After years of waiting, Judgment Day for Britain and the E.U. is almost here. On June 23, voters in the United Kingdom will decide whether their country should remain a member of the E.U. The outcome remains very much in doubt, but we can say with confidence that a vote in favor of "Brexit" would create lasting uncertainty and considerable market turmoil. The volatility could last for years.
Current polling suggests a tight finish. The "Remain" campaign looks to have a lead, but its margins appear to be narrowing, and those who say they're most likely to vote still favor Brexit. The "Leave" campaign has shifted its message to focus on the high levels of E.U. immigration into the U.K., stoking fears that open cross-border traffic could allow Europe's migrant crisis and terrorism risks to threaten Britons' economic and national security. All competitive elections are decided by turnout, and it's not yet clear whether fear of the potential economic impact of divorce from the world's largest economic club will trump British anger at European bureaucracy and worry that Europe's problems will spill into the U.K.
Also unclear is the true economic impact of a potential vote for Brexit. The British Treasury released a report in April that forecast a substantial loss of household wealth over time, along with falling exports, rising prices and a possible recession. The International Monetary Fund and the Bank of England have also warned of the recession risk. But leading advocates of Brexit dismiss these warnings as scaremongering that fails to acknowledge the full economic benefits of a lighter regulatory burden and new trade deals that could follow Britain's withdrawal. Open Europe, a think tank that has been skeptical of the E.U., has argued that Brexit would create a permanent boost for the British economy. Multiple studies have produced a broad range of estimates, leaving each side to charge the other with bias--and leaving voters wondering if any of these reports can be believed.
We can forecast with confidence, however, that a vote to leave the E.U. would create a period of lasting uncertainty for Britain and its economy. It's reasonable to assume that the Conservative Prime Minister David Cameron, who has campaigned hard for the Remain side, would be forced to resign. The most obvious replacement would be former London mayor Boris Johnson, the face of the Leave campaign, who once promised to follow the Brexit vote with a referendum in support of a new E.U. treaty that is "fairer" to Britain.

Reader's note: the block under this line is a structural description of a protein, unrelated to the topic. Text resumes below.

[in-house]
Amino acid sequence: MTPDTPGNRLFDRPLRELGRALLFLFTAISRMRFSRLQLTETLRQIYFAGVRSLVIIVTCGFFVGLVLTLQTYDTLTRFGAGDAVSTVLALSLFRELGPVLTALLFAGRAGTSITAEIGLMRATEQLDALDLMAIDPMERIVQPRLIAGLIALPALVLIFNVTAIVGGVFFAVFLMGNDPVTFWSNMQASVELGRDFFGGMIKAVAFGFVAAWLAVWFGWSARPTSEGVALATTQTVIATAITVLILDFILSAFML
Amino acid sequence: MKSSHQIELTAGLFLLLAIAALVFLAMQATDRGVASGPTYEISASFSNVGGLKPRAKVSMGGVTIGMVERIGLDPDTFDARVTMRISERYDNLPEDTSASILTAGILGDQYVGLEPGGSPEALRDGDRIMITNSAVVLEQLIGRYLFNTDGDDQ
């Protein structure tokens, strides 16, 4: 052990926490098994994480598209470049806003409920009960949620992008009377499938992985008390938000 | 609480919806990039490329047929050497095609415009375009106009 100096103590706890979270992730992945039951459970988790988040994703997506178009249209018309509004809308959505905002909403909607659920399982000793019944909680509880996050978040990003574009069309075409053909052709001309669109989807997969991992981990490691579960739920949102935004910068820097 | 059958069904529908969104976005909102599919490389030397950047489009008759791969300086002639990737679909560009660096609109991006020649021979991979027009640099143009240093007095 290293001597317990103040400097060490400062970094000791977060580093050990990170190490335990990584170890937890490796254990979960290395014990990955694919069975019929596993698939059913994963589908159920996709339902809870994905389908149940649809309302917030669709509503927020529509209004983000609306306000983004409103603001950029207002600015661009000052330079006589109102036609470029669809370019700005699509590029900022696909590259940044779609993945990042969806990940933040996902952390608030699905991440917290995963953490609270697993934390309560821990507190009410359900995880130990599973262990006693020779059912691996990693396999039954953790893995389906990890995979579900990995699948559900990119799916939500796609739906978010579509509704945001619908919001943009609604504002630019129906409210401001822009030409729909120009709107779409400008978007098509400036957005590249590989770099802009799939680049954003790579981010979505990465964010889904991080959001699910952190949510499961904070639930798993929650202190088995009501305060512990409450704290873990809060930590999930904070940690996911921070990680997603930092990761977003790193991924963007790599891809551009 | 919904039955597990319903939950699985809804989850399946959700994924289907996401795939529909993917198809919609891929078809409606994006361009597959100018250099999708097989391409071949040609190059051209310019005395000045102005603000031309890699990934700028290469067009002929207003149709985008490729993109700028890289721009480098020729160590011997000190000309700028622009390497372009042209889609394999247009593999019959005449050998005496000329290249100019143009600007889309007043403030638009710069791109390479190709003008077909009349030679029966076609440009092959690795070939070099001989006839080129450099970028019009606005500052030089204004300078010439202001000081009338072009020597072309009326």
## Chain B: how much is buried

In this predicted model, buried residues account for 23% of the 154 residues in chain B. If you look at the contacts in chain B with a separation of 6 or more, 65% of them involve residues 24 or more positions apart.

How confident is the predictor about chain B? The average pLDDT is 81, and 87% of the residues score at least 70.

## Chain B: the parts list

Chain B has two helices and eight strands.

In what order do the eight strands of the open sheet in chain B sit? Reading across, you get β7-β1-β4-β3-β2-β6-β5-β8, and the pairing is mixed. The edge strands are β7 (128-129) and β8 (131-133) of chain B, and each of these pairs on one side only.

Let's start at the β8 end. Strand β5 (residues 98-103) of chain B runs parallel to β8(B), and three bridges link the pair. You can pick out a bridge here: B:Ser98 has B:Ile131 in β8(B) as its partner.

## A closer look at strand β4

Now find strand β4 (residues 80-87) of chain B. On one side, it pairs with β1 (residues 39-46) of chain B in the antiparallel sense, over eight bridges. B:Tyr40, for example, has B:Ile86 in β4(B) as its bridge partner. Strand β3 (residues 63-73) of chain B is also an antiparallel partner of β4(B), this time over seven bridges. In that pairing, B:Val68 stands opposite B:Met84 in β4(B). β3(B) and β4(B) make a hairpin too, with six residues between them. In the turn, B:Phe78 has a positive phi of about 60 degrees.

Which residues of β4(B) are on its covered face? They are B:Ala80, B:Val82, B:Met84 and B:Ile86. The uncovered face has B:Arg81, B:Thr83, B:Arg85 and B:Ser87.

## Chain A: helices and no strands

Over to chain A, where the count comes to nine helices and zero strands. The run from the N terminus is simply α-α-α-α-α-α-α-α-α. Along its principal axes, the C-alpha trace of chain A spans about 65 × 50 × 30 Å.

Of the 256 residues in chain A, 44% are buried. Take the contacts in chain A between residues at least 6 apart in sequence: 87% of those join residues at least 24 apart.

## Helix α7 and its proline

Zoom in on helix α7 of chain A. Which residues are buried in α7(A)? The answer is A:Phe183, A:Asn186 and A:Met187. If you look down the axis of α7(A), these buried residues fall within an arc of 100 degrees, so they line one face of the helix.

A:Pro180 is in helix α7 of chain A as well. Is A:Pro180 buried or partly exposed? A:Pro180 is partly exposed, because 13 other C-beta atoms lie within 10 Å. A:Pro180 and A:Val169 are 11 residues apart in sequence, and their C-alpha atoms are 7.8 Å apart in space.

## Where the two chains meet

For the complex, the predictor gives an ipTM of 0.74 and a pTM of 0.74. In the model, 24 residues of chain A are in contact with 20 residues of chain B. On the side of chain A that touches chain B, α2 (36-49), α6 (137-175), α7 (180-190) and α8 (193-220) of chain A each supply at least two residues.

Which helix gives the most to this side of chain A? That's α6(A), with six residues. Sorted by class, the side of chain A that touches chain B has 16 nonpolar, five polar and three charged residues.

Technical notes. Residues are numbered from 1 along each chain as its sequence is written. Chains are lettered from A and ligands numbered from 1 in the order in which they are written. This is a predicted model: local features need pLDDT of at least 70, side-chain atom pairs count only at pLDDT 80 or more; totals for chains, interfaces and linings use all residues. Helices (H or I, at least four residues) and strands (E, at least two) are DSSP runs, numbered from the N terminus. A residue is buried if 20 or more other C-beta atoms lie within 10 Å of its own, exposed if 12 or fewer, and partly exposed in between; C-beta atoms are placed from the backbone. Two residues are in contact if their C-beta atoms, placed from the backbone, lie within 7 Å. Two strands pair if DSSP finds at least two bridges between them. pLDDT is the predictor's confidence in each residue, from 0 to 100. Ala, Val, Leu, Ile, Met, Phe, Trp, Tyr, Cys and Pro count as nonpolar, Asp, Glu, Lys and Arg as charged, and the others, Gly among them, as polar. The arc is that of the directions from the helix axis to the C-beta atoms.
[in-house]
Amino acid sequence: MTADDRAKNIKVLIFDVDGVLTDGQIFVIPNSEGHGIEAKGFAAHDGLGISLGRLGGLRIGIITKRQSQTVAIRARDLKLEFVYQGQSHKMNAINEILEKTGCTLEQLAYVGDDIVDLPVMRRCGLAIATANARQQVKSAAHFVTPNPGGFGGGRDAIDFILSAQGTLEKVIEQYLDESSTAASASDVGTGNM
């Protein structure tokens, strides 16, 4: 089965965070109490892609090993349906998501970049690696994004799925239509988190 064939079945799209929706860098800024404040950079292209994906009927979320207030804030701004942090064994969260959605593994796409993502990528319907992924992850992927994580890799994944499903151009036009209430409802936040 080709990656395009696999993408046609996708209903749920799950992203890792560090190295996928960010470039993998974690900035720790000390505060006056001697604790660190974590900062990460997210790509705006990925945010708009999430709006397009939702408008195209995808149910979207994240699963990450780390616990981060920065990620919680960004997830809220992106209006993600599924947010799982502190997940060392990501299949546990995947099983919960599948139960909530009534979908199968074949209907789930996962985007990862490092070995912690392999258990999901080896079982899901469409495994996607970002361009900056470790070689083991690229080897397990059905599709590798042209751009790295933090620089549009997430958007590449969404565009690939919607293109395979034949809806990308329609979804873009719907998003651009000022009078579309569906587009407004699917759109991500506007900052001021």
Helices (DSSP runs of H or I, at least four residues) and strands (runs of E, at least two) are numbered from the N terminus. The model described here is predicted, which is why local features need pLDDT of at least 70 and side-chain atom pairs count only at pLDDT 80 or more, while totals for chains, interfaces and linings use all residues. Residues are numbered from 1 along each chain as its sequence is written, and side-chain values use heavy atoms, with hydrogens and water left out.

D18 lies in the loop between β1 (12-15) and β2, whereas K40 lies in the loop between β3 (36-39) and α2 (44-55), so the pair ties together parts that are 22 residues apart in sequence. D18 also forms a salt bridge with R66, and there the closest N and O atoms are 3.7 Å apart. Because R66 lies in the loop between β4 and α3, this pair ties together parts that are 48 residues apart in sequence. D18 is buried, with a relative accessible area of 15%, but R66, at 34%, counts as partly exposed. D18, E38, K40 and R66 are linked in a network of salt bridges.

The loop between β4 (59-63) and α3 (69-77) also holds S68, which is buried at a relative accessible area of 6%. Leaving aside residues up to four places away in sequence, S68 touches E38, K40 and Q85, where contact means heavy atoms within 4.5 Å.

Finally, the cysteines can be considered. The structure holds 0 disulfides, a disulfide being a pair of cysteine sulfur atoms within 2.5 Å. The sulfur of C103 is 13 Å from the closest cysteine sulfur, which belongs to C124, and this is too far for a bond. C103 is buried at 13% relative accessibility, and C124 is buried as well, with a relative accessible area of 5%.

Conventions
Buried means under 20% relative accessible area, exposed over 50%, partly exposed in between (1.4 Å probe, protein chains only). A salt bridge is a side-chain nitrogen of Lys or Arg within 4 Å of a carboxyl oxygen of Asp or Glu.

Yet Johnson has gone quiet on this subject. He seems to recognize that European governments have no incentive to reward a departing Britain with a new deal. That would encourage populists in every country in the E.U. to push for their own new agreements--with threats to stage their own exit referendums to boost their leverage. An online poll published last month found that 45% of 6,000-plus respondents in Germany, France, Italy, Belgium, Spain, Sweden, Hungary and Poland want their governments to hold an E.U. membership referendum.
The same logic applies to new trade deals with E.U. member states, which Britain would have to negotiate post-Brexit. That would take years to complete, and other governments would have every incentive to drive exceptionally hard bargains. In the meantime, market uncertainty would sap confidence in Britain's business and investment environment. Some in Britain's Leave campaign argue that trade deals with Europe can be replaced with a new agreement with the U.S. That's unlikely, given the wave of antitrade sentiment across the Atlantic. Both Donald Trump and Bernie Sanders have argued that recent trade deals have killed U.S. jobs, and Hillary Clinton has run for political cover.
Markets like good news and dislike bad news. But they detest uncertainty, because it undermines the confidence of business leaders and investors that they can predict where and when to place their bets. The outcome of Britain's referendum remains very much in doubt, but it's easy to predict that a vote to leave would create damaging uncertainties that would reverberate for years to come.
Bremmer's column is sponsored this week by DHL, which is not involved in the selection of topics or any other aspect of the editorial process